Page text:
Bariatric Endocrinology: 2015 Update
January 2015
Volume 6, Issue 1

Introduction

Welcome from J. Michael Gonzalez-Campoy, MD, PhD, FACE

On September 11, 2014, the U.S. Food and Drug Administration (FDA) Endocrinologic and Metabolic Drug Advisory Committee (EMDAC) voted 14-1 to recommend liraglutide 3 mg (Saxenda®) for approval for weight management. On December 23, 2014, liraglutide became the fourth medication recently approved for weight management, joining Qsymia® (phentermine and topiramate combination tablets), Belviq® (lorcaserin), and Contrave® (bupropion and naltrexone combination tablets). In addition to the successful introduction into the market of effective medications for weight management, there have been major developments that have advanced the medical, social, political and economic avenues to optimal medical care for people with overweight, obesity, and adiposopathy.

Science now recognizes adipose tissue as a very active participant in metabolism, not just a place for passive storage of energy. Adiposopathy, or sick fat, plays a role in the development of metabolic diseases. This knowledge led to the development of bariatric endocrinology; a field of endocrinology that focuses on the diagnosis of adipose tissue dysfunction, and returning adipose tissue to normal function as a means to improve metabolic derangements.

As a society, we still have major challenges to overcome. There is wide recognition of the burden of disease that comes from the development of obesity complications. Major government institutions all agree that dealing with the obesity epidemic is a priority. Yet public health interventions have failed to stop the increasing prevalence of this disease. While we continue to address obesity as a society, the standard of care now is to help each affected patient with individual weight management.

After the American Medical Association (AMA) recognized obesity as a chronic, treatable disease in 2012, multiple parallel efforts by specialty societies have been put in place to overcome medical inertia. Most American physicians were not taught how to treat obesity, and are not comfortable doing so. It will take time for these historical barriers to be overcome in medicine. A major step in this direction came in 2014 with the recommendations of the American Association of Clinical Endocrinologists/American College of Endocrinology (AACE/ACE), to base decisions about medical interventions not on weight alone, but on the burden of disease affecting individual patients. Perhaps the most significant development was the inception of the American Board of Obesity Medicine (ABOM), which is now certifying physicians in obesity medicine.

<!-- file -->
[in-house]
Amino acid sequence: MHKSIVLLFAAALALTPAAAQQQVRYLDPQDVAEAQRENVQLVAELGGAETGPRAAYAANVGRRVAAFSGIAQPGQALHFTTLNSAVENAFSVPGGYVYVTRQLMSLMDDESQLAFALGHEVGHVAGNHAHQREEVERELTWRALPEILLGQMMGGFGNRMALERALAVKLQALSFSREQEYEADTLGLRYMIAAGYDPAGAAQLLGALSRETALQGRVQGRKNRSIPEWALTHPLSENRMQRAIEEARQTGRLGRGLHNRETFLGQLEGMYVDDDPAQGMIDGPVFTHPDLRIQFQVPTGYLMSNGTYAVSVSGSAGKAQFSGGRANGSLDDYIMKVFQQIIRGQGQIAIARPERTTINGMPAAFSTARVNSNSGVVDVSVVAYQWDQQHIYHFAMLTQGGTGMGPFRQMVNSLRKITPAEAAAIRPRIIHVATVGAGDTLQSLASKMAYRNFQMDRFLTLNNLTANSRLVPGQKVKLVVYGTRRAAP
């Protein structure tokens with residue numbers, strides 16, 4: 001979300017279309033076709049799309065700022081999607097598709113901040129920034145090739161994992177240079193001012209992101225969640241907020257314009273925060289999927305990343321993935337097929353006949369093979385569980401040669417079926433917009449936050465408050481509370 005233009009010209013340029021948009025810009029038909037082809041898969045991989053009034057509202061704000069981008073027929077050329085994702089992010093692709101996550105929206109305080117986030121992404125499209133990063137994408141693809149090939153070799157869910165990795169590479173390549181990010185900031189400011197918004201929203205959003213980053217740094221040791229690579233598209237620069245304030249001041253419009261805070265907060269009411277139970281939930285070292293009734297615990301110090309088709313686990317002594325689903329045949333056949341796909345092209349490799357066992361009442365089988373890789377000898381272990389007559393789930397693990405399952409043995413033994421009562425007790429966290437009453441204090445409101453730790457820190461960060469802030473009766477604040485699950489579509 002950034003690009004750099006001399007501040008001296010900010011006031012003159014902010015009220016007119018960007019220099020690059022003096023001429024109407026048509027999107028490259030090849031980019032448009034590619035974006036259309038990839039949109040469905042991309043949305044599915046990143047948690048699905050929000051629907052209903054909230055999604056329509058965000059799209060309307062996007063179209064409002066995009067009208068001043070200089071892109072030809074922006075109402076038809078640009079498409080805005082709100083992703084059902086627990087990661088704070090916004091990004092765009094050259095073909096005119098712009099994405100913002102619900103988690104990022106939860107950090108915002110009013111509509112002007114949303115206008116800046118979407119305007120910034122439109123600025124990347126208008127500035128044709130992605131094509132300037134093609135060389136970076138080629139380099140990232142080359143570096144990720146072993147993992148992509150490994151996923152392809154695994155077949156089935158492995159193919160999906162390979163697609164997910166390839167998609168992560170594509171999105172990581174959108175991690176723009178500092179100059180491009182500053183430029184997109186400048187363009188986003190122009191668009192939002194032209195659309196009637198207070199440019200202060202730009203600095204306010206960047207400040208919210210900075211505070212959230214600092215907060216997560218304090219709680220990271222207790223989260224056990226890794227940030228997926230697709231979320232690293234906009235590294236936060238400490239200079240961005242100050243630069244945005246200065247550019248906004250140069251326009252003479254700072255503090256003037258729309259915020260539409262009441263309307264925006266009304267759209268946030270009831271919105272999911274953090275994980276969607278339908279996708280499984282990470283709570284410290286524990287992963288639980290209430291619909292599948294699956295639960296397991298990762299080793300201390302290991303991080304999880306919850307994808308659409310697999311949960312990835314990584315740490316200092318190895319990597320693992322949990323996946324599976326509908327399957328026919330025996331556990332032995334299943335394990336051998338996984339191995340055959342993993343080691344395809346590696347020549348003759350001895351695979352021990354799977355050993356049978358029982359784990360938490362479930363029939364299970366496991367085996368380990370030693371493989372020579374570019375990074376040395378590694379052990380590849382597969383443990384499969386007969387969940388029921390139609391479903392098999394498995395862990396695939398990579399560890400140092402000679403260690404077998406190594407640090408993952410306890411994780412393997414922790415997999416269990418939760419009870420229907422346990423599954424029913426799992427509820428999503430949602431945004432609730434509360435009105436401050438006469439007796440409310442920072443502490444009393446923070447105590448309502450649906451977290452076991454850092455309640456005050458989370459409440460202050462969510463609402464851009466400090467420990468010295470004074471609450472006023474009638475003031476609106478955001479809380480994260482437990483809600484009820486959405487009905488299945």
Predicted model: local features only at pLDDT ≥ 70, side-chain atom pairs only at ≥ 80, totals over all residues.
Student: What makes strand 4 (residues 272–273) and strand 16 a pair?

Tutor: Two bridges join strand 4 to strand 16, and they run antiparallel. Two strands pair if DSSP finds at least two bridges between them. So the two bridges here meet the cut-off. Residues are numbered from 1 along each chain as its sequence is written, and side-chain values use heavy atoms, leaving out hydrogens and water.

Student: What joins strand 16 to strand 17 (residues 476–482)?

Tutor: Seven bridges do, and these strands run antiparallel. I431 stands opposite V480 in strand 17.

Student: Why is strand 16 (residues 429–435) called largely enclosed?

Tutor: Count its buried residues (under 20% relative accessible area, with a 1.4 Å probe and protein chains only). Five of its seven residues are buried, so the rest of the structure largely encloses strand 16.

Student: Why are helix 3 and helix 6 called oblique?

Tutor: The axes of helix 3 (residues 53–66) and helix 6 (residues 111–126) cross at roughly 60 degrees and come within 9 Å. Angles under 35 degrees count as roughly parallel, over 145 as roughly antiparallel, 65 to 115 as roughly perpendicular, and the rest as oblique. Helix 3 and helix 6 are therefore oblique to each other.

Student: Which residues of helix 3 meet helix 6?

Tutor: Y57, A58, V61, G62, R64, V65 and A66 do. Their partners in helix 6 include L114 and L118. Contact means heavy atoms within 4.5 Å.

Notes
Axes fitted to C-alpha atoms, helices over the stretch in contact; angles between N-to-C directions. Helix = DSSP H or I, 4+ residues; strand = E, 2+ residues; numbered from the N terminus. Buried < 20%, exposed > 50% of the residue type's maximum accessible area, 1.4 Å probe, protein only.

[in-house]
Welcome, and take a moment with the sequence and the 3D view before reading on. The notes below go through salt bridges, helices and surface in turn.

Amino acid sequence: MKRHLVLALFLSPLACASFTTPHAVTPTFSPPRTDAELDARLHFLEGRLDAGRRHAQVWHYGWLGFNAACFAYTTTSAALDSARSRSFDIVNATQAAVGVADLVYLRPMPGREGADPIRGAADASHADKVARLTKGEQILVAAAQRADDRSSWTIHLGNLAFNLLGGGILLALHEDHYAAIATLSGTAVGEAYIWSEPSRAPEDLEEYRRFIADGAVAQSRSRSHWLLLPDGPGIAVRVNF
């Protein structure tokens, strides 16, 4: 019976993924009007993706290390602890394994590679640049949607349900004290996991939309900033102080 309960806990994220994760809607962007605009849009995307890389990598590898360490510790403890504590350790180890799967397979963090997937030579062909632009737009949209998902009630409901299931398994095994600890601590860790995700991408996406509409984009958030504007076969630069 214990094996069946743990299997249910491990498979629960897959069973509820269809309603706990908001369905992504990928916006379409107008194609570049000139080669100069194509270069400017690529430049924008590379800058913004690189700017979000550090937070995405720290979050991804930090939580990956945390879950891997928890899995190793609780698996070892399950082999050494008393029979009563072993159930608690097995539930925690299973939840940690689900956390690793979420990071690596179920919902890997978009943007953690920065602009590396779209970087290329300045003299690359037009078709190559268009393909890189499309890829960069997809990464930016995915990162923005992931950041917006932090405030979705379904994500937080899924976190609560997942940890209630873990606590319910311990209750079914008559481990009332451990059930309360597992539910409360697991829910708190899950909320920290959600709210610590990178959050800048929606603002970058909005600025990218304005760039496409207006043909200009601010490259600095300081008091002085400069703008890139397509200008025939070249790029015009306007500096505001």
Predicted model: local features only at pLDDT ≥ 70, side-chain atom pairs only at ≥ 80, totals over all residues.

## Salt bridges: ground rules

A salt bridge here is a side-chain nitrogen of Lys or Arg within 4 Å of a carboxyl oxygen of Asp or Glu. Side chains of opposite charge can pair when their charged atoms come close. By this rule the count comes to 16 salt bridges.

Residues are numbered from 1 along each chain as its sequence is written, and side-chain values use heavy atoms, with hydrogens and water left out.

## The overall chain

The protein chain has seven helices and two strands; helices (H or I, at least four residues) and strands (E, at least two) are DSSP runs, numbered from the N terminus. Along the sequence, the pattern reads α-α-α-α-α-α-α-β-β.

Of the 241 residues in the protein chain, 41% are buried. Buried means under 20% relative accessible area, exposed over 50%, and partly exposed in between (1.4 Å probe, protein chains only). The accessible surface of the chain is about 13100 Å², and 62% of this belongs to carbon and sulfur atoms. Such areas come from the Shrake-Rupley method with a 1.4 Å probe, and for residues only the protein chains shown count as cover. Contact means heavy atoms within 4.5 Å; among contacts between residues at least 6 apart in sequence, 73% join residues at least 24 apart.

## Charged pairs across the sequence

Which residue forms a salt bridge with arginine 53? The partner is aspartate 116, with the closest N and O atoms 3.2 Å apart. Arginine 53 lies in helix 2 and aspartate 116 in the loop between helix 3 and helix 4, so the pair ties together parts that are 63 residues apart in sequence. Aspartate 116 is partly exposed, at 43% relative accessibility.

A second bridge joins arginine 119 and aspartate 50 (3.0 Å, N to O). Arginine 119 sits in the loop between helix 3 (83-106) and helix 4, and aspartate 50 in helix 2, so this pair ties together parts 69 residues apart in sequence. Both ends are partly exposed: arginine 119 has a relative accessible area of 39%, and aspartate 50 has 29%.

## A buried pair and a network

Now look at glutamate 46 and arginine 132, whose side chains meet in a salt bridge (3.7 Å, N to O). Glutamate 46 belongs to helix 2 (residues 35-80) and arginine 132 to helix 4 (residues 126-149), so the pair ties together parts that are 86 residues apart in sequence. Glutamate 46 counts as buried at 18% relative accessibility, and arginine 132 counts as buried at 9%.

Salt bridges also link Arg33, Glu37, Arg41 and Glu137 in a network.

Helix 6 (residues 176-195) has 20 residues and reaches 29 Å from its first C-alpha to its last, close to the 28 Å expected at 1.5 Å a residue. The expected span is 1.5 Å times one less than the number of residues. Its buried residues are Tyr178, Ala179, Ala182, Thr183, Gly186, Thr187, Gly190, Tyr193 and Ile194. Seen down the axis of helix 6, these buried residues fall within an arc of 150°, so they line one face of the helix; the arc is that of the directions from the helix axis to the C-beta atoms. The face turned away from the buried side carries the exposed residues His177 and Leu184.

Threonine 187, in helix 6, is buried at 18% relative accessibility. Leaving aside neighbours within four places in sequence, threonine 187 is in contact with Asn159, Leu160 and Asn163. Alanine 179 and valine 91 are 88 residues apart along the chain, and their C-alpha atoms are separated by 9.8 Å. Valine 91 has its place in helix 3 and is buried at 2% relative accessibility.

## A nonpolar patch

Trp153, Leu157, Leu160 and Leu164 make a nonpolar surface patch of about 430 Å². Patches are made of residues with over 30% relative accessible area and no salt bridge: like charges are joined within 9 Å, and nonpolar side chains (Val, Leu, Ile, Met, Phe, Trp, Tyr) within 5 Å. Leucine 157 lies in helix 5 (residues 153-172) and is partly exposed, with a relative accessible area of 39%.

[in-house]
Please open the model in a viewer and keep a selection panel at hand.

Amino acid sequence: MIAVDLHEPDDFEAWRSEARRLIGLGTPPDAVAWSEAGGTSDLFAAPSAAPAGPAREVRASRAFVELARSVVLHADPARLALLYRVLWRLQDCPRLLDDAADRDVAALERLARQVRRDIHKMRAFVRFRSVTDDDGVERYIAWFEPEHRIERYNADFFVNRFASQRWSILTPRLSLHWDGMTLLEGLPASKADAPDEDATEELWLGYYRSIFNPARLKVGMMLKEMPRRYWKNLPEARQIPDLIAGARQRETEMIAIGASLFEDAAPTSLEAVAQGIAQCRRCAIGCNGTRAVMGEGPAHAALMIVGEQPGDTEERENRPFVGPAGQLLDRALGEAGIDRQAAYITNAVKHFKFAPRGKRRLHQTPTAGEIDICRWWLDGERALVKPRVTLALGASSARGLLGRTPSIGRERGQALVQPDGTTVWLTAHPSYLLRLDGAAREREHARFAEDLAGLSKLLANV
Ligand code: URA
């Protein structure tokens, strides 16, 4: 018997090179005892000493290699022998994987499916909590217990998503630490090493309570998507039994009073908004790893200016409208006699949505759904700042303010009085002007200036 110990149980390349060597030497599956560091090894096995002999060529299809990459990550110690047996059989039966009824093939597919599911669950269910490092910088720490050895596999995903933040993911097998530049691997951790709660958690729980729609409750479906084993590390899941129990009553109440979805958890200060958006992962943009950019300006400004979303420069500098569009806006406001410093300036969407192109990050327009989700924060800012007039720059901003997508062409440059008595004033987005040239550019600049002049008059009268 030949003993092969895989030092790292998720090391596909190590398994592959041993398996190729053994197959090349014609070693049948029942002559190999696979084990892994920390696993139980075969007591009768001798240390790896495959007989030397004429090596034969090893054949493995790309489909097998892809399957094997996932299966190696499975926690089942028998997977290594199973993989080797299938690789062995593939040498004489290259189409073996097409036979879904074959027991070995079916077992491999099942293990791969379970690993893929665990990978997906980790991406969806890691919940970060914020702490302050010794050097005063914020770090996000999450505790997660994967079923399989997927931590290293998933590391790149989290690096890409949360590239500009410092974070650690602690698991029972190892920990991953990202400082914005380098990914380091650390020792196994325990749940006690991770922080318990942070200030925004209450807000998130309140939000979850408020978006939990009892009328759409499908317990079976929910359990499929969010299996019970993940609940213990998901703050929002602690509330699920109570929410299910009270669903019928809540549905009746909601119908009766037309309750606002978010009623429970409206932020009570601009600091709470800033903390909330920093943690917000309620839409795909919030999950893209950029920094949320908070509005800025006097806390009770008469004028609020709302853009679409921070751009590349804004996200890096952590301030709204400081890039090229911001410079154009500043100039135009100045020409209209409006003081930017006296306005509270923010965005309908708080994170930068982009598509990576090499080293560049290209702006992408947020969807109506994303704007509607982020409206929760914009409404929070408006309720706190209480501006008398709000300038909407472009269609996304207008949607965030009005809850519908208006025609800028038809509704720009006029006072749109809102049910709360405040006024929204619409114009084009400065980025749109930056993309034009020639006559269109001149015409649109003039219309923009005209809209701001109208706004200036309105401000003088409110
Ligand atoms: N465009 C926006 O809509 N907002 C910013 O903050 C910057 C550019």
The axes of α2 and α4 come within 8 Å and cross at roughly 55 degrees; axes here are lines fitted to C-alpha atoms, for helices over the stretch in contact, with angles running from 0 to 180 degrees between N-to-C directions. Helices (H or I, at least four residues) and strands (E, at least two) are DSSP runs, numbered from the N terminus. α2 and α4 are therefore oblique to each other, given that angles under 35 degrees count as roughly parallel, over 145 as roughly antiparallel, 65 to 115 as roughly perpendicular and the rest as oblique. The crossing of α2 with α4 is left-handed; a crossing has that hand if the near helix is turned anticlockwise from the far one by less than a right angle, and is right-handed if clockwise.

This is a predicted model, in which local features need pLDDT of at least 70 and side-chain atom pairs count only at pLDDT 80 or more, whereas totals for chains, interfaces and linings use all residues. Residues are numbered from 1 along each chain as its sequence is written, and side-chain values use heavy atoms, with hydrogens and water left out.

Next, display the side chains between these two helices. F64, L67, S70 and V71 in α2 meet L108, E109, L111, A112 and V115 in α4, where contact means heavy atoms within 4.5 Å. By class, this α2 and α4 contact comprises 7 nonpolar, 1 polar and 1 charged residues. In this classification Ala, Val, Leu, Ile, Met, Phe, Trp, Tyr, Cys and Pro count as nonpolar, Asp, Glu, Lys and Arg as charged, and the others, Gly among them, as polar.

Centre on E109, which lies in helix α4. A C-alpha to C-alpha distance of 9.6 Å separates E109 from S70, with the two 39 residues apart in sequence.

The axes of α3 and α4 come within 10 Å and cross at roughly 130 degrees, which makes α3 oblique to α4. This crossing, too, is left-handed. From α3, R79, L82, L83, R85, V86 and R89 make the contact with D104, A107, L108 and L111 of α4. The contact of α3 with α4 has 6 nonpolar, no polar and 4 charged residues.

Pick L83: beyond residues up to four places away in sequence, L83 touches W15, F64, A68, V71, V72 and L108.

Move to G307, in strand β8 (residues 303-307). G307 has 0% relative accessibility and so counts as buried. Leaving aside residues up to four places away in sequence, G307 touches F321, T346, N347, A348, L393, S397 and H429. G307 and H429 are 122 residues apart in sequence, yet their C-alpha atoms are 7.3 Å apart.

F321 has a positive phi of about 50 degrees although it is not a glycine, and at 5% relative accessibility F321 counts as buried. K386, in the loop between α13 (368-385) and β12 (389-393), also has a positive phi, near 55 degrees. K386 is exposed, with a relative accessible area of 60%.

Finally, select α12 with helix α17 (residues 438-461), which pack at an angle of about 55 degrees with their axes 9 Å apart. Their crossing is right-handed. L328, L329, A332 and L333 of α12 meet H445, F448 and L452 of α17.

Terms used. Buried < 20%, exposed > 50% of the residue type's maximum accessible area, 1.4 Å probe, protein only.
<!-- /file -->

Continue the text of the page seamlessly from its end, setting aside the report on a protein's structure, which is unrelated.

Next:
A major obstacle for patients to have access to the care they need has been the lack of coverage for treatment of overweight, obesity and adiposopathy by third-party payers, including the federal government. It is reassuring that with the implementation of the Accountable Care Act (ACA), payments for medical nutrition therapy services are now covered by the federal government in primary care clinics. This mandate has extended to state programs. Politically, we have started the process of removing obsolete laws that excluded bariatric care from coverage, with bills before the US Congress and state legislatures that address this need.

As we receive 2015, we can look back to significant recent progress in overweight, obesity, and adiposopathy care. And we can look forward to bariatric endocrinology helping us address the central role that adipose tissue pathophysiology plays in the genesis of metabolic disorders.

First Article:
Anti-obesity Policies Have Not Reduced the Obesity Growth Rate
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